Focus on Indoor Air Quality
Indoor air quality (IAQ) and its effect on occupant well-being and comfort are essential. Many issues such as sick building syndrome, indoor air quality thermal comfort, visual comfort, and acoustic comfort are a part of the indoor environment. Good indoor air quality requires attention to the building's HVAC system, measure and monitoring, healthy indoor air, air filtration, and pollutant source management. Some good practices in these areas have also been highlighted.
Essential parameters such as C02, humidity, temperature, and VOC concentrations are sometimes not measured, controlled, or displayed. Measuring and monitoring indoor air quality parameters is the first step to maintaining healthy and comfortable building environments. Measurement leads to control, improvements in comfort, and gaining the ability to maintain healthy indoor air quality.
Healthy Indoor Air
For healthy indoor air, air enters a room, flows through the room, and then leaves. Ideally, fresh air flows from the bottom up and extracts directly from the room. Indoor air should not "swirl" through the room several times or become lodged. Correct design placement and alignment of air outlets can help avoid serious air distribution problems. Evaluate your building systems to ensure the indoor air meets the ASHRAE guidelines. ASHRAE Standard 170 is the guideline for proper pressurization in positive and negative pressurized spaces. Every HVAC system needs to be analyzed to ensure the appropriate measures are being taken to improve and maintain adequate ventilation and reduce virus transmission in the building.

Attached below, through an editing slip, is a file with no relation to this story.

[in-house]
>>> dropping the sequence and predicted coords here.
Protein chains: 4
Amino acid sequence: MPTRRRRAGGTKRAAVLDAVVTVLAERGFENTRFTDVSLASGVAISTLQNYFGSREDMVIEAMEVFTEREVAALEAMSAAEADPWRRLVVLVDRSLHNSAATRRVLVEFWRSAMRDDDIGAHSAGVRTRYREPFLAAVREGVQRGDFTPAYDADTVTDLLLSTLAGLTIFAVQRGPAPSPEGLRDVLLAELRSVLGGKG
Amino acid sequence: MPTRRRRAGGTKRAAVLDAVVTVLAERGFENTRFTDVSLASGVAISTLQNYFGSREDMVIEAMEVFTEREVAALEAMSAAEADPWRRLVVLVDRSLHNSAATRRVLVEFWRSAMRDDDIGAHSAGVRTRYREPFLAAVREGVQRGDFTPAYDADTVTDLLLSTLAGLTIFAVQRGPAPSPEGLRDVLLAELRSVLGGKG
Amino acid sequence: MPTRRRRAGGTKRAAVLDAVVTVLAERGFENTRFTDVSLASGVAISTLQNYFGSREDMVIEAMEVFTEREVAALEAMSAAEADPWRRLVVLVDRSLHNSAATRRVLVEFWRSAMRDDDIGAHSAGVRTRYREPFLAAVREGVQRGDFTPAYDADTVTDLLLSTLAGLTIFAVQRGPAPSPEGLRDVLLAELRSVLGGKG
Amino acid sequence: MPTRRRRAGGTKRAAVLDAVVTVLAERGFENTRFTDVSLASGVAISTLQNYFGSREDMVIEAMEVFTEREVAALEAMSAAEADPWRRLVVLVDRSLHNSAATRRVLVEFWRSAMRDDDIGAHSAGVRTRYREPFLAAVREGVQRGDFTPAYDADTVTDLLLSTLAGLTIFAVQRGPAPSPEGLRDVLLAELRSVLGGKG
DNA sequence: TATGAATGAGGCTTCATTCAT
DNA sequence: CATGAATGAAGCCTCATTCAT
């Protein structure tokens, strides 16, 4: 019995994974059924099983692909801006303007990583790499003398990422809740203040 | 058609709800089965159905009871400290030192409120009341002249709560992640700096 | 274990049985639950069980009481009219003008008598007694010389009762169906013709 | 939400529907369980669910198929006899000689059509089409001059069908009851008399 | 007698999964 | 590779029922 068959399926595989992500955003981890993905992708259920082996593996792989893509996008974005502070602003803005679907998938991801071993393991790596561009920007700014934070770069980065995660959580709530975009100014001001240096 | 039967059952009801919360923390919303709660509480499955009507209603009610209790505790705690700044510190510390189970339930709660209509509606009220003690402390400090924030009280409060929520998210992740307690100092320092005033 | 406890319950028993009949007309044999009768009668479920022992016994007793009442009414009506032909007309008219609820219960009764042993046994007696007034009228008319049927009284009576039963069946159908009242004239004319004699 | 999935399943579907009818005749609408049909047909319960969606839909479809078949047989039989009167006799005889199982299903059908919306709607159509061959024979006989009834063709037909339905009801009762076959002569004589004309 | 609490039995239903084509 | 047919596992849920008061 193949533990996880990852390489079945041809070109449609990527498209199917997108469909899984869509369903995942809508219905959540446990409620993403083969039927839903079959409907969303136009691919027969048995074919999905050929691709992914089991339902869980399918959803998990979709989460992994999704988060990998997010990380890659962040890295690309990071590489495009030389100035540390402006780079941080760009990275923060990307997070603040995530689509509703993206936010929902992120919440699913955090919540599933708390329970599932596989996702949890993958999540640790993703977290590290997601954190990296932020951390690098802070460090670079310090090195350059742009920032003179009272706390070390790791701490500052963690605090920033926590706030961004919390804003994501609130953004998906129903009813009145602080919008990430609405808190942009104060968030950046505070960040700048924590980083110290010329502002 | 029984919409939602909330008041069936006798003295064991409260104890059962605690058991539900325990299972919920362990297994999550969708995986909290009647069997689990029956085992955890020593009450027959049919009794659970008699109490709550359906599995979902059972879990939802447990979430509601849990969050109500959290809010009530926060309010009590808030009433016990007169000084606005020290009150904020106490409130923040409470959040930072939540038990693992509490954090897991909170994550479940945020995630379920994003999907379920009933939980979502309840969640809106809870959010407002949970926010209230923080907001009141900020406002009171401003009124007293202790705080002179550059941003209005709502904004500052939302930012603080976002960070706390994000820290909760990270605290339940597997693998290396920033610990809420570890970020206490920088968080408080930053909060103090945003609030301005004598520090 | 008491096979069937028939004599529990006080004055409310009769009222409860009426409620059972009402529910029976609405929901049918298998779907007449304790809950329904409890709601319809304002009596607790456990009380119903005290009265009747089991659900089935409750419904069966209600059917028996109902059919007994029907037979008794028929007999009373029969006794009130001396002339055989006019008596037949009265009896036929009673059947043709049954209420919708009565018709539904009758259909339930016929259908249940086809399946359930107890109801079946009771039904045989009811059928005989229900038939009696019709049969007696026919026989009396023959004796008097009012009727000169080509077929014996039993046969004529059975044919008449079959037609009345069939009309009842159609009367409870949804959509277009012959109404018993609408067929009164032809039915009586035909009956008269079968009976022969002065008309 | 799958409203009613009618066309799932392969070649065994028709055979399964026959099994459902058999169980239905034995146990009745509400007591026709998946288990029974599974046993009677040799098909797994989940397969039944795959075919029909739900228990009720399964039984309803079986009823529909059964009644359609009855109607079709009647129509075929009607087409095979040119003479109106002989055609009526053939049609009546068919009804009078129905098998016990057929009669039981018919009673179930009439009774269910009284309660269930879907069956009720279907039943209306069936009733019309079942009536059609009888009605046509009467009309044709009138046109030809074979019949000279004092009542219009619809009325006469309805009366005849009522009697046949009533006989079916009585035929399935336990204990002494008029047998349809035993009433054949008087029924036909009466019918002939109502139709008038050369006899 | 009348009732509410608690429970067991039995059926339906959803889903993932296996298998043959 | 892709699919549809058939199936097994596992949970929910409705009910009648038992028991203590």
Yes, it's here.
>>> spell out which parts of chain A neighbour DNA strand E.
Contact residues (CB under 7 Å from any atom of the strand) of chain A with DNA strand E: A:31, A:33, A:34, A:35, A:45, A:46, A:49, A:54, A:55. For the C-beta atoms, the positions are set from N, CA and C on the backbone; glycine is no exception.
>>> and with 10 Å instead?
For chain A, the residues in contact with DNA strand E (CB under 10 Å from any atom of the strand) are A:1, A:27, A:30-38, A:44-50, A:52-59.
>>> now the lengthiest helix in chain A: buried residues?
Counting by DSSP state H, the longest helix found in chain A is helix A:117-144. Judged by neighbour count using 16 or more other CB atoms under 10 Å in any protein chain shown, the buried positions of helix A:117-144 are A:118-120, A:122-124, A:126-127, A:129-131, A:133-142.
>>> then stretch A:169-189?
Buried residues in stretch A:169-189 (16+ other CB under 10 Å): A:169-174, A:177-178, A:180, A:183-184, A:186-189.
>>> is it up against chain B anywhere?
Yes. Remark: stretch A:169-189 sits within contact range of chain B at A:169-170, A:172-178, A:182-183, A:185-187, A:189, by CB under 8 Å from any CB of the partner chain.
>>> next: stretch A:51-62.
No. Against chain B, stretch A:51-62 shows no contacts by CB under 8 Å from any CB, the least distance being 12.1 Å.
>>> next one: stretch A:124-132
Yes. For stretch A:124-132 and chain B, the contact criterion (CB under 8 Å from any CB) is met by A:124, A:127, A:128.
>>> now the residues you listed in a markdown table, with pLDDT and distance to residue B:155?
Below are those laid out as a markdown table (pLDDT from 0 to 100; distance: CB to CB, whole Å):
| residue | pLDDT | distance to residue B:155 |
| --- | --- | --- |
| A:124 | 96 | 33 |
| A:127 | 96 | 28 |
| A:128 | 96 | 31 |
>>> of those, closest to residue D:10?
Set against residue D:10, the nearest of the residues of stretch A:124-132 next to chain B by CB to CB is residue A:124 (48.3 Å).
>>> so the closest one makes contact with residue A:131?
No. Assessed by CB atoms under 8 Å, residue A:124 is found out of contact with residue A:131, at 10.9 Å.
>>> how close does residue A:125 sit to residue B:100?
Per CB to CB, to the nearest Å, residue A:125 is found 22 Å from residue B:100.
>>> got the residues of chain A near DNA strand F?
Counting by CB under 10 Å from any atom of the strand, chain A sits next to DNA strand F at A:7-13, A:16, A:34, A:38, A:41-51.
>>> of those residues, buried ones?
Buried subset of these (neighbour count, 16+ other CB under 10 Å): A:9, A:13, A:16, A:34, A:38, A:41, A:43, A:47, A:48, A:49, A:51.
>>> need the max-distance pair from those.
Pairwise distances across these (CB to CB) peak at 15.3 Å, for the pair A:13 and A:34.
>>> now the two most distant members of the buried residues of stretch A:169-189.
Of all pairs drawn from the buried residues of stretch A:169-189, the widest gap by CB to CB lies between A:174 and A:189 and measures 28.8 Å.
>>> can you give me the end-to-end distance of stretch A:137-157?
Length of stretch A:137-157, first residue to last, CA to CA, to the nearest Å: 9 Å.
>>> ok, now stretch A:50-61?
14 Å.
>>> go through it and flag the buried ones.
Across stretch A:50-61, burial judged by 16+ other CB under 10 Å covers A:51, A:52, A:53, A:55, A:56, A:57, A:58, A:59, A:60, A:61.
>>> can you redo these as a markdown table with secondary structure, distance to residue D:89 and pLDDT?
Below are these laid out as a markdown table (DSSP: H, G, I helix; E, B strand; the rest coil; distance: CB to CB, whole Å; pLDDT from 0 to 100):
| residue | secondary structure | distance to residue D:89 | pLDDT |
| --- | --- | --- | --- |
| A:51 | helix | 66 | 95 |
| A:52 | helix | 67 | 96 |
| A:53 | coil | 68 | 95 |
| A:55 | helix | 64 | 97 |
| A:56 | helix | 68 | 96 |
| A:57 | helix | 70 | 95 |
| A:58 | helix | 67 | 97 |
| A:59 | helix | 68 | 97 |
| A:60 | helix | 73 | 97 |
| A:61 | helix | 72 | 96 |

Many factors go into the quality of indoor air, proper filtration and airflow, the right amount of outside air, adequate temperature and humidity levels, and more. Air handling units are equipped with filters to prevent airborne particles from entering the supply air ducts. If the exhaust air is mixed back into the supply air, air contamination occurs. HEPA filter H13, according to EN1822:2009, prevents infectious microbes in the air. Replacing or cleaning clogged air filters is a critical maintenance task. It is essential to use pressure sensors and dynamic airflow measurements to monitor and maintain the filters. When contamination of the filter increases, the pressure drop across the filter also increases. Simultaneous measurement of the flow can determine filter replacement.
Pollutant Source Management
The placement of furniture, equipment, or partitions that block supply or return registers can affect indoor air quality. HVAC systems can be the source of pollutants when ventilation air filters are dirty or microbial growth from stagnant water in drip pans or uncontrolled moisture inside of air ducts.
Indoor air quality is a shared responsibility. Besides what was previously addressed, some factors contributing to poor indoor air quality may originate from inadequate HVAC design, tenants and occupants with the materials they use, or the building's and individuals general housekeeping. For these reasons, indoor air quality is everyone's responsibility to maintain.